Politics

Hungry Gaza finds sustenance in urban gardening (PHOTOS)

Abu Ahmed pulls lettuce from his rooftop aquaponic farm in the Daraj area of Gaza City. He uses this small, urban space to grow tomatoes, parsley, red cabbage and onions, all of which feed his family. He belongs to a long generation of farmers who tilled the land in a village now located in present-day Israel.
Credit: Rebecca Collard

Urban aquaponic farms have the potential to curb food insecurity in the Gaza Strip, experts say. 

  • The buffer zone along the wall that separates the Gaza Strip from Israel. Israeli troops enforce the zone with live fire to thwart militant attacks, but much of Gaza's farmland is in this area along the border.
    Credit: Rebecca Collard
  • Abu Ahmed pulls lettuce from his rooftop aquaponic farm in the Daraj area of Gaza City. He uses this small, urban space to grow tomatoes, parsley, red cabbage and onions, all of which feed his family. He belongs to a long generation of farmers who tilled the land in a village now located in present-day Israel.
    Credit: Rebecca Collard
  • A fish farmer in Beit Lahia in the northern Gaza Strip scoops Red Tilapia fingerlings (baby fish) from a pool at his fish hatchery, and which provides fingerlings to most of Gaza's urban farms. There, the fish pools provide the nutrient-rich water that help both save scarce water resources and produce high-quality protein for the urban crops without chemical fertilizers or pesticides.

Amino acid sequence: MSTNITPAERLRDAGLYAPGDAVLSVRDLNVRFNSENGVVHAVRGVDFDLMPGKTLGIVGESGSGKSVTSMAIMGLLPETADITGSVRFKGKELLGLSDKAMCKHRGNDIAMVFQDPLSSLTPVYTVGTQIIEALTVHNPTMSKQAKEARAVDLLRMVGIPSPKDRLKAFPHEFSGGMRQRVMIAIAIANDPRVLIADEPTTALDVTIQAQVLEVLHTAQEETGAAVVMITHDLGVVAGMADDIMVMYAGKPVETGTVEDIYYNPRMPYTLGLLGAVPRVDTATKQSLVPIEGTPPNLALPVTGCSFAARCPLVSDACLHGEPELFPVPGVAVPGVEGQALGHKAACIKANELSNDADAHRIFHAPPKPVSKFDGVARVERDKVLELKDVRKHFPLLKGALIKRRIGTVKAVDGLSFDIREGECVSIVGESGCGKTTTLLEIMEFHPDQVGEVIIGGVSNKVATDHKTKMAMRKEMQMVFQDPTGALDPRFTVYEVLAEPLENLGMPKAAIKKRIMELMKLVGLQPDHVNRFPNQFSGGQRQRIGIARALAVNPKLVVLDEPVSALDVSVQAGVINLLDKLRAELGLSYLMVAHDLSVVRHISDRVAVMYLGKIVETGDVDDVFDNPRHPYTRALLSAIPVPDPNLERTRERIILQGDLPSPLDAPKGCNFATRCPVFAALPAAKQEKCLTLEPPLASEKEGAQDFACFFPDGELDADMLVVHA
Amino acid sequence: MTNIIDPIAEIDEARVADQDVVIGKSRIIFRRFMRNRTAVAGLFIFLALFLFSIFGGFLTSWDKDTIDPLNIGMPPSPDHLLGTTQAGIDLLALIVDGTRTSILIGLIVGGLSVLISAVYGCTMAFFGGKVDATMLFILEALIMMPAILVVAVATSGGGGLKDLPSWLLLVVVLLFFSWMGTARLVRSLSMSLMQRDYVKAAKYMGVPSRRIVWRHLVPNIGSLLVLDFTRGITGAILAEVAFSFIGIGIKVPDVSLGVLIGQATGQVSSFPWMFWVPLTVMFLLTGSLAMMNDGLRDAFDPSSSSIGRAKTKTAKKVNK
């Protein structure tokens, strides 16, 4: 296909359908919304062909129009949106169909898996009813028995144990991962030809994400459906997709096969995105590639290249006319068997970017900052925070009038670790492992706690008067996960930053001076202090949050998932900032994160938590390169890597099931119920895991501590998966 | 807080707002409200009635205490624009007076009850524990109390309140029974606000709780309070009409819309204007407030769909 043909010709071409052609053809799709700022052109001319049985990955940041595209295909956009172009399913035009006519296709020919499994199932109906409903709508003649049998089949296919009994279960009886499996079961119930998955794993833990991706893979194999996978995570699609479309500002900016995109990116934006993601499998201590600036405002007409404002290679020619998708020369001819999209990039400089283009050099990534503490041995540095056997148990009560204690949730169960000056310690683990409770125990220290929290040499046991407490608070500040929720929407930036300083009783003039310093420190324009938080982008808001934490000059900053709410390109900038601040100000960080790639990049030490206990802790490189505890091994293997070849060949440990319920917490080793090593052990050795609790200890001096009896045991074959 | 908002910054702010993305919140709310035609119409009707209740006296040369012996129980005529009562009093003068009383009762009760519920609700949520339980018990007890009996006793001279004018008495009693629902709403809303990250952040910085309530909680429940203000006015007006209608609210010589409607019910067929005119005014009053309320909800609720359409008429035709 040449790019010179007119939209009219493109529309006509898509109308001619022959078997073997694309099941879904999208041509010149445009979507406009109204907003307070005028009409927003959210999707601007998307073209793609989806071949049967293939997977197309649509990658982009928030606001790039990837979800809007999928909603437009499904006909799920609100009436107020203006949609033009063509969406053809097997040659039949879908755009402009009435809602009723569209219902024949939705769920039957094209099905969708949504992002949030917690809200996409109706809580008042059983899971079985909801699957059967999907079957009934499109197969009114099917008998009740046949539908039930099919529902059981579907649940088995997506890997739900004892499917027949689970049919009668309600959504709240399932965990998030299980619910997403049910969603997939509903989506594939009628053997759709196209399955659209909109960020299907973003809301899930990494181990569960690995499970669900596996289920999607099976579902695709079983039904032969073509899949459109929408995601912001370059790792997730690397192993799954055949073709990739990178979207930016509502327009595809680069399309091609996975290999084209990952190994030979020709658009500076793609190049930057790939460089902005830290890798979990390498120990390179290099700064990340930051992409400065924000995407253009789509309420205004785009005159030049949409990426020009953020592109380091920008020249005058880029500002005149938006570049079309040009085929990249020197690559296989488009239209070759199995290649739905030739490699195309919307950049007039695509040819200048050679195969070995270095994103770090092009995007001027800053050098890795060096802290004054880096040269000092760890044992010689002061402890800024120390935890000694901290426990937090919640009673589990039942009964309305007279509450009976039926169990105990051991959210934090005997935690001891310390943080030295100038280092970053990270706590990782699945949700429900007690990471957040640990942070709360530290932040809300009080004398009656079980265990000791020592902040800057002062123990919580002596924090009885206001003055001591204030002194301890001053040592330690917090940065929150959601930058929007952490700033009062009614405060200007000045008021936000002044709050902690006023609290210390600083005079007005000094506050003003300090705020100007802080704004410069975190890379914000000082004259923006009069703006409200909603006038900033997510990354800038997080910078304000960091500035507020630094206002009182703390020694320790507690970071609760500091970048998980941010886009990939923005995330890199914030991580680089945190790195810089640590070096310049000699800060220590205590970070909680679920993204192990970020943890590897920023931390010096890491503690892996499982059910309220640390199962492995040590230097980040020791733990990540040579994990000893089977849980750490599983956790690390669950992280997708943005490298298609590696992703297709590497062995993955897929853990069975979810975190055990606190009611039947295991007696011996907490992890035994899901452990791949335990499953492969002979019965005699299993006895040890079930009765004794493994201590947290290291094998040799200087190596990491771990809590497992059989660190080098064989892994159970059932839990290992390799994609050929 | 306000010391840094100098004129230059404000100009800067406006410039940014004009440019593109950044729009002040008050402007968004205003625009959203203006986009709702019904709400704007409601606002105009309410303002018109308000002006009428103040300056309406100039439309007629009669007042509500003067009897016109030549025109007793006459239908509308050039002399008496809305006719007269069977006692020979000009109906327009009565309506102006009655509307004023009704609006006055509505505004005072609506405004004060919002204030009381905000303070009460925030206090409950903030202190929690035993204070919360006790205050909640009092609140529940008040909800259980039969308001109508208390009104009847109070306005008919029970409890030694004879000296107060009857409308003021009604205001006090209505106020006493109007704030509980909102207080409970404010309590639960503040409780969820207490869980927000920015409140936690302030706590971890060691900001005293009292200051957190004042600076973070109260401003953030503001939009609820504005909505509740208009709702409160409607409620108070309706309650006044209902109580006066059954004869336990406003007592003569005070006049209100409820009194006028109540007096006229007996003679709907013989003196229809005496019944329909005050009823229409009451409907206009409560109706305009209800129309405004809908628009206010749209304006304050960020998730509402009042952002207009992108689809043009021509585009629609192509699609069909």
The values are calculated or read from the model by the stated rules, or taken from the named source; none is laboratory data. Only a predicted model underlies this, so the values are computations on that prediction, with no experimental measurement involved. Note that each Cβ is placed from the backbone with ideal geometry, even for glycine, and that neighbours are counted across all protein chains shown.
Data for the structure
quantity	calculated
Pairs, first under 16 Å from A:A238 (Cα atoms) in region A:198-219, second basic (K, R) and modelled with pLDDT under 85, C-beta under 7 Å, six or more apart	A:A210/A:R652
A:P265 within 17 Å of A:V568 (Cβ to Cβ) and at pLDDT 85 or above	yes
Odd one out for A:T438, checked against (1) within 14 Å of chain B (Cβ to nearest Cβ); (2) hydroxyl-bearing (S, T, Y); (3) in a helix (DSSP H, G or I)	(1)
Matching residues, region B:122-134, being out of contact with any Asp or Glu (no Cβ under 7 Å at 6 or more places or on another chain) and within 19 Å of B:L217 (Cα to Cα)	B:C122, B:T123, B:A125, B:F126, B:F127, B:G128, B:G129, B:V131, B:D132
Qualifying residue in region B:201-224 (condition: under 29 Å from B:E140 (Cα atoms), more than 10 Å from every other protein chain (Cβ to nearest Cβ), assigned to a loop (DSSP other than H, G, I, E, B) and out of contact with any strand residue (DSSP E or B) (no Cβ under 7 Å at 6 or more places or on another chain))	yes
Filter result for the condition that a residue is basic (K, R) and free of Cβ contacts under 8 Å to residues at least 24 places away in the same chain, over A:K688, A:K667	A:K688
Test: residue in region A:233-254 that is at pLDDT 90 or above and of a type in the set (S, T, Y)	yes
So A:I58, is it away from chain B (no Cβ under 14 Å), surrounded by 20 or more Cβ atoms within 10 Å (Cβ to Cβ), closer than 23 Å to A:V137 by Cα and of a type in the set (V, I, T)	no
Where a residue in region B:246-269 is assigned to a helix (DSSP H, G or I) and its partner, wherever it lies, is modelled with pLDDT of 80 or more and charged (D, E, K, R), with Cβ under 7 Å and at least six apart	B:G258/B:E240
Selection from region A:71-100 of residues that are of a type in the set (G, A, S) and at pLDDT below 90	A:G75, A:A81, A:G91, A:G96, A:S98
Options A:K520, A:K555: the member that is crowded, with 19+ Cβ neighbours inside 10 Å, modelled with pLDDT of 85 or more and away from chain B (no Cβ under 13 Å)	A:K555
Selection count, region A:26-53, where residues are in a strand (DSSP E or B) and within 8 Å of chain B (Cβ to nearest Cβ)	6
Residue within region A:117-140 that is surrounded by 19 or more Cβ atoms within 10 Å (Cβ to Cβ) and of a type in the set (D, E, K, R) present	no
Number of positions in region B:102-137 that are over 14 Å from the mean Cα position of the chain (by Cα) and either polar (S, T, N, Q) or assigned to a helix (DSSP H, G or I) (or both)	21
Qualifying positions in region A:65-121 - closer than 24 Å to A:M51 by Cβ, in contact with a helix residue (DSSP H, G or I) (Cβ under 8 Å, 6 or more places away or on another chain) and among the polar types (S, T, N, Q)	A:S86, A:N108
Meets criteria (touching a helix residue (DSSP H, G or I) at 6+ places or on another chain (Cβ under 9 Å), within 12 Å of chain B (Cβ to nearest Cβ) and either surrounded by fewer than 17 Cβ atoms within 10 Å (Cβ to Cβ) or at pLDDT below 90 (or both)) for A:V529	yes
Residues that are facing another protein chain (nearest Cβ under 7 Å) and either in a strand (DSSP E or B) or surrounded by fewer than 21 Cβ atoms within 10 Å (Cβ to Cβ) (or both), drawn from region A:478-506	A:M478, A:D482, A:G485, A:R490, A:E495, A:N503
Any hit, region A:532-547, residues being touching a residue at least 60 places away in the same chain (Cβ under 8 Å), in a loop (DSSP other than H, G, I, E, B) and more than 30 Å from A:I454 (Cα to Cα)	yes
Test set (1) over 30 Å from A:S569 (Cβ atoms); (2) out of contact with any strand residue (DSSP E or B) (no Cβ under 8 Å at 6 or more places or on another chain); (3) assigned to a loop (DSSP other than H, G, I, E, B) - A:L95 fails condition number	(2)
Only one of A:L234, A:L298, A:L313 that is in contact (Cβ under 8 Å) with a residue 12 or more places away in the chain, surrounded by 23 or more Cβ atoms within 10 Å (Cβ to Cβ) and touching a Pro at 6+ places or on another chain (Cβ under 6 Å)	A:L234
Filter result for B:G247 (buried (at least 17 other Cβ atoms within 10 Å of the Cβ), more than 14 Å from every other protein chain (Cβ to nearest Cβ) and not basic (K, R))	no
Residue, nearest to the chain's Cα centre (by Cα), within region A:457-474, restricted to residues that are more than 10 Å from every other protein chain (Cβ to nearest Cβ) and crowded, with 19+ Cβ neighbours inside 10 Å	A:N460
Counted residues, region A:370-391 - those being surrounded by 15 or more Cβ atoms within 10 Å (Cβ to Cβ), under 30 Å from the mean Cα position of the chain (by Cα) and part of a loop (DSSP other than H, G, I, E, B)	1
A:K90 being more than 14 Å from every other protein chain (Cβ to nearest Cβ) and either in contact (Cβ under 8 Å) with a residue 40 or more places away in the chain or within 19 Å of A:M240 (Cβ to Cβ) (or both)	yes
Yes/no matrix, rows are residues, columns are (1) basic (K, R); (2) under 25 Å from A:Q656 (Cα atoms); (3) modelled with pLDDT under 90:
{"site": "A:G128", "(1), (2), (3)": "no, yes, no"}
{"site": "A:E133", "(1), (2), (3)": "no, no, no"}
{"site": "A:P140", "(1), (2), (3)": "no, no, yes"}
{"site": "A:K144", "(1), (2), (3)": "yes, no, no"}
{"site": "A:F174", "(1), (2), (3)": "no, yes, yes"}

Credit: Rebecca Collard
  • Iyad Deeb Al-Attar feeds fish in outdoor pool at his fish hatchery in Beit Lahia in the northern Gaza Strip in March 2011. Al-Attar raises six species of fingerlings (baby fish) which he sells to a dozen Gaza fish farms. Gaza is cut off from much of its farmland and also its coastline, hemmed in by an Israeli blockade.
    Credit: Rebecca Collard
  • Abu Mahmoud pulls onions from his urban farm in the Zeitoun area east of Gaza City. For years, he worked in construction in Israel, but during the Second Intifada, he and thousands of Gazans lost their jobs when Israel shut the border. Now, he produces enough onions, sweet fennel, beans, tomatoes and other vegetables to feed the 11 members of his family.
    Credit: Rebecca Collard
  • A man in Gaza City tends to chickens who produce eggs for him and his family. The Cooperative Housing Foundation, a US non-profit, provide Gazan families with chickens or rabbits to help them produce their own protein source at home. The United Nations says more than half of Gaza's 1.7 million people are food insecure.
    Credit: Rebecca Collard
  • Abu Ahmed's rooftop garden in the Daraj area of Gaza City. An Israeli-imposed buffer zone eats up much of the territory's farmland, but the urban population is growing. At least half of Gaza's 1.7 million people are food insecure, according to the United Nations.
    Credit: Rebecca Collard
  • Abu Mahmoud, his wife and son are receiving urban farming assistance from the Cooperative Housing Foundation (CHF), a US organization that provides food aid and housing assistance to Gazans. Rows of organic sweet fennel, beans and tomatoes fill the space the family once used as a garbage dump in the Zeitoun neighborhood east of Gaza City.
    Credit: Rebecca Collard
  • Abu Ahmed's rooftop garden in the Daraj area of Gaza City. With no land to farm, and only sporadic employment, Abu Ahmed had been struggling to feed his family. But now, he uses his roof to grow tomatoes, parsley, red cabbage and onions, all of which feed his family and creates a lush green space overlooking the otherwise drab cityscape.
    Credit: Rebecca Collard

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